TANAP project & energy security

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SAIMA ZAMAN

There has been much talk about Turkey turning from a mere consumer to a big league player when it comes to natural gas. With the Trans-Anatolian Natural Gas Pipeline (TANAP) carrying gas from Azerbaijan’s Shah Deniz gas fields through Georgia and Turkey to Europe now fully operational, Turkey’s ambition has become veracity. On November 30, Erdogan and Azerbaijan’s President Ilham Aliyev inaugurated a link between the Turkish and Greek gas grids, which marks the completion of the Trans-Anatolian Pipeline (TANAP).

Surely, its supplies to Europe  some 10 billion cubic metres (bcm) annually are a drop in the ocean compared with the volumes the EU receives from Russia (176 bcm in 2018). But for countries like Greece and Bulgaria, both of which import about three bcm of Russian gas a year, this is a significant alternative source. The two countries have contracts for one bcm with the company behind TANAP, Shah Deniz, an international consortium of BP, Azerbaijan’s SOCAR, Turkey’s TPAO, Norway’s STATOIL and others. TANAP comprises the longest stretch of the $40 billion Southern Gas Corridor, a series of pipelines that will carry gas from Azerbaijan’s Shah Deniz II field to Europe.

The $6.5 billion TANAP crosses the breadth of Turkey, east to west, and could transport up to 16 billion cubic meters (bcm) of Azeri gas a year. Europe is allocated 10 bcm, with 6 bcm earmarked for the Turkish market. Capacity could be increased to 31 bcm with additional investment. The pipeline connects to the Trans-Adriatic Pipeline (TAP), which is still under construction and will then transfer up to 10 bcm gas to Greece, Albania and Italy.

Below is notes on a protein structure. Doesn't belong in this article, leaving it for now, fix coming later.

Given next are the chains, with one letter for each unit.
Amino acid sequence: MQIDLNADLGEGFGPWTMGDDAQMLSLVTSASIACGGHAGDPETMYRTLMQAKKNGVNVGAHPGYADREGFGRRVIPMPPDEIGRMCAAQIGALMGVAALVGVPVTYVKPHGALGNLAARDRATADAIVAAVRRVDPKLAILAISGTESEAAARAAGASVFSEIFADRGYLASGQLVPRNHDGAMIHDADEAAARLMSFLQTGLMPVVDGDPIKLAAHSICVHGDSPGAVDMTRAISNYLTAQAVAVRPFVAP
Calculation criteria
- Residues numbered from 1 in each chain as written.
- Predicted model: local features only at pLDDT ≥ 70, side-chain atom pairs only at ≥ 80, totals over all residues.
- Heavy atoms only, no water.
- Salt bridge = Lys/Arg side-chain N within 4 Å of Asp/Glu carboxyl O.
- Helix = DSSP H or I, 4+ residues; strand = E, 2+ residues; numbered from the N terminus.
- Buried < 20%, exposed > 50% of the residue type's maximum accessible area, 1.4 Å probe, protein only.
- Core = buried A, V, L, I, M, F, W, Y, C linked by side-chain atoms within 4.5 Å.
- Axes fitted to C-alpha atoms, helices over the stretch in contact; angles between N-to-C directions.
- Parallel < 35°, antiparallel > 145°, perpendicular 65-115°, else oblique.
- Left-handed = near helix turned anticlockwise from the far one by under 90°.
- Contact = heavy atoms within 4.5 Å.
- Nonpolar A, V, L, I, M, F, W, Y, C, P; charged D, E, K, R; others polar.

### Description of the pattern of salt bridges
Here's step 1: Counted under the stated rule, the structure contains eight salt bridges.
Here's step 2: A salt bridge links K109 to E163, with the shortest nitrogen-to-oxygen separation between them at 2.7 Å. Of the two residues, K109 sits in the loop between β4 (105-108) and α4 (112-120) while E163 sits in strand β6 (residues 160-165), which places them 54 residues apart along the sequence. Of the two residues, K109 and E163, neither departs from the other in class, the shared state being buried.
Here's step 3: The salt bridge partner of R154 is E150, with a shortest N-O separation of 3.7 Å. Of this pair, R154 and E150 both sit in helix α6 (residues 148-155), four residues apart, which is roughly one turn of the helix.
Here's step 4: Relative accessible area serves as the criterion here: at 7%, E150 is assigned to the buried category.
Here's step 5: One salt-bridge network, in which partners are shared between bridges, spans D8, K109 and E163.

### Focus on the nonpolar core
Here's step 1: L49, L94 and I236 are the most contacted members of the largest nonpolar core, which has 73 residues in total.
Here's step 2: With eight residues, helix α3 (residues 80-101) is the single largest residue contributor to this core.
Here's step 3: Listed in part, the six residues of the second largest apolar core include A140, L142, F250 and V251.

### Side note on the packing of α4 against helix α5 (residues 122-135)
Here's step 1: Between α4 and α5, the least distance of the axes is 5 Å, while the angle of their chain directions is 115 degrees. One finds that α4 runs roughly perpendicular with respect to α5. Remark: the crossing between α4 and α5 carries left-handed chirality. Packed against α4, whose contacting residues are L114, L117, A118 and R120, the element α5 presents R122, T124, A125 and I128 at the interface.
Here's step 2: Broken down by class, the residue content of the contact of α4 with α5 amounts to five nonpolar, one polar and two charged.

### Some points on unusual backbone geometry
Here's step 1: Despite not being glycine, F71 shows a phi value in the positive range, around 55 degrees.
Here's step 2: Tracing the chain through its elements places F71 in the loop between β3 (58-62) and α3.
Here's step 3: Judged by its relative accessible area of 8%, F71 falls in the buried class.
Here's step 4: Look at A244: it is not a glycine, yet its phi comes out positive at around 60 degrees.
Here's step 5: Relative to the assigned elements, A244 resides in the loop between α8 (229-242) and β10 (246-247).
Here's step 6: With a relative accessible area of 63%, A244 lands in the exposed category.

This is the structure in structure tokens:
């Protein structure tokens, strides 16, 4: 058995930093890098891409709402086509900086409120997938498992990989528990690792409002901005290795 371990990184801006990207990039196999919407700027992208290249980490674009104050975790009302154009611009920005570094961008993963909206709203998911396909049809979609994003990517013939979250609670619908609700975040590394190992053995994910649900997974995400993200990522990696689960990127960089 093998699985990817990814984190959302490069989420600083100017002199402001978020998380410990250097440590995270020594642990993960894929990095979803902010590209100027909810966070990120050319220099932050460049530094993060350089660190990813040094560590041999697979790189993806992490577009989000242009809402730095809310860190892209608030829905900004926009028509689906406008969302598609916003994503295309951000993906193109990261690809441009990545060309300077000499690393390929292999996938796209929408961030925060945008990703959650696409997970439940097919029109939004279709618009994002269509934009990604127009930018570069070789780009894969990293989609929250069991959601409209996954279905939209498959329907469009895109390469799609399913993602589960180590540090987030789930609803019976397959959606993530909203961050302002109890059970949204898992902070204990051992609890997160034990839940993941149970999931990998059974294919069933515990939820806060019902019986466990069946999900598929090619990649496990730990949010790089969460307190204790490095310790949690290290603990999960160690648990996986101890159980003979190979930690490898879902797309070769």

TANAP’s shareholders are Azeri state energy company SOCAR (51%), Turkish pipeline operator BOTAS (30%), BP (12%) and SOCAR Turkey (7%). President of Turkey, Recep Tayyip Erdoğan revealed that, the real responsibility from now on lies with our neighbours on the other side of the border. The Trans-Adriatic Pipeline needs to be completed as soon as possible to start the transfer of gas to Europe. TANAP represents a strategic achievement for Turkey. For a long time, it has strived to graduate from a larger consumer to a transit country, capitalising on its position in between oil and gas-producers and major importers in Europe. The arrival of Azeri gas to the Balkans brings that vision to fruition. Azerbaijan itself has been trying to diversify its export destinations.

After independence from the Soviet Union, the country inherited oil and gas infrastructure which was connected to Russia. Ankara’s long standing ambition is for TANAP to be scaled up from 16 to 31 bcm, with gas coming from other destinations such as Turkmenistan, northern Iraq and Iran. If it plays its cards right, Turkey may establish itself as a trading hub and top-notch energy power. Turkey’s pursuit of energy autonomy makes it a welcome partner to both the EU and the US. The Trump administration has put a premium on US LNG sales in Europe, lobbying governments to commit to larger volumes. Turkey has become the second-largest customer for American gas in Europe and Central Asia after Spain.

TANAP is, arguably the greatest opportunity for Azerbaijan to integrate with Energy Market of Europe, as well as to establish itself as a secure transit country. In a long-term instance, the project will drastically increase gas exports of the country from 8.1 bcm to almost 24 bcm annually. On a domestic level, TANAP will provide a great moment to develop resource industries to that of global standards. The Import of natural gas in the EU accounts for 2/3 of the European gas supply, due to decline in gas production in last decade, and the decline is yet to progress. According to the International Energy Agency (IEA), by 2040 European annual production will drop by 100bcm, and in this case, the region will be dependent on huge imports, to reduce the gap between demand and declining supply within EU.

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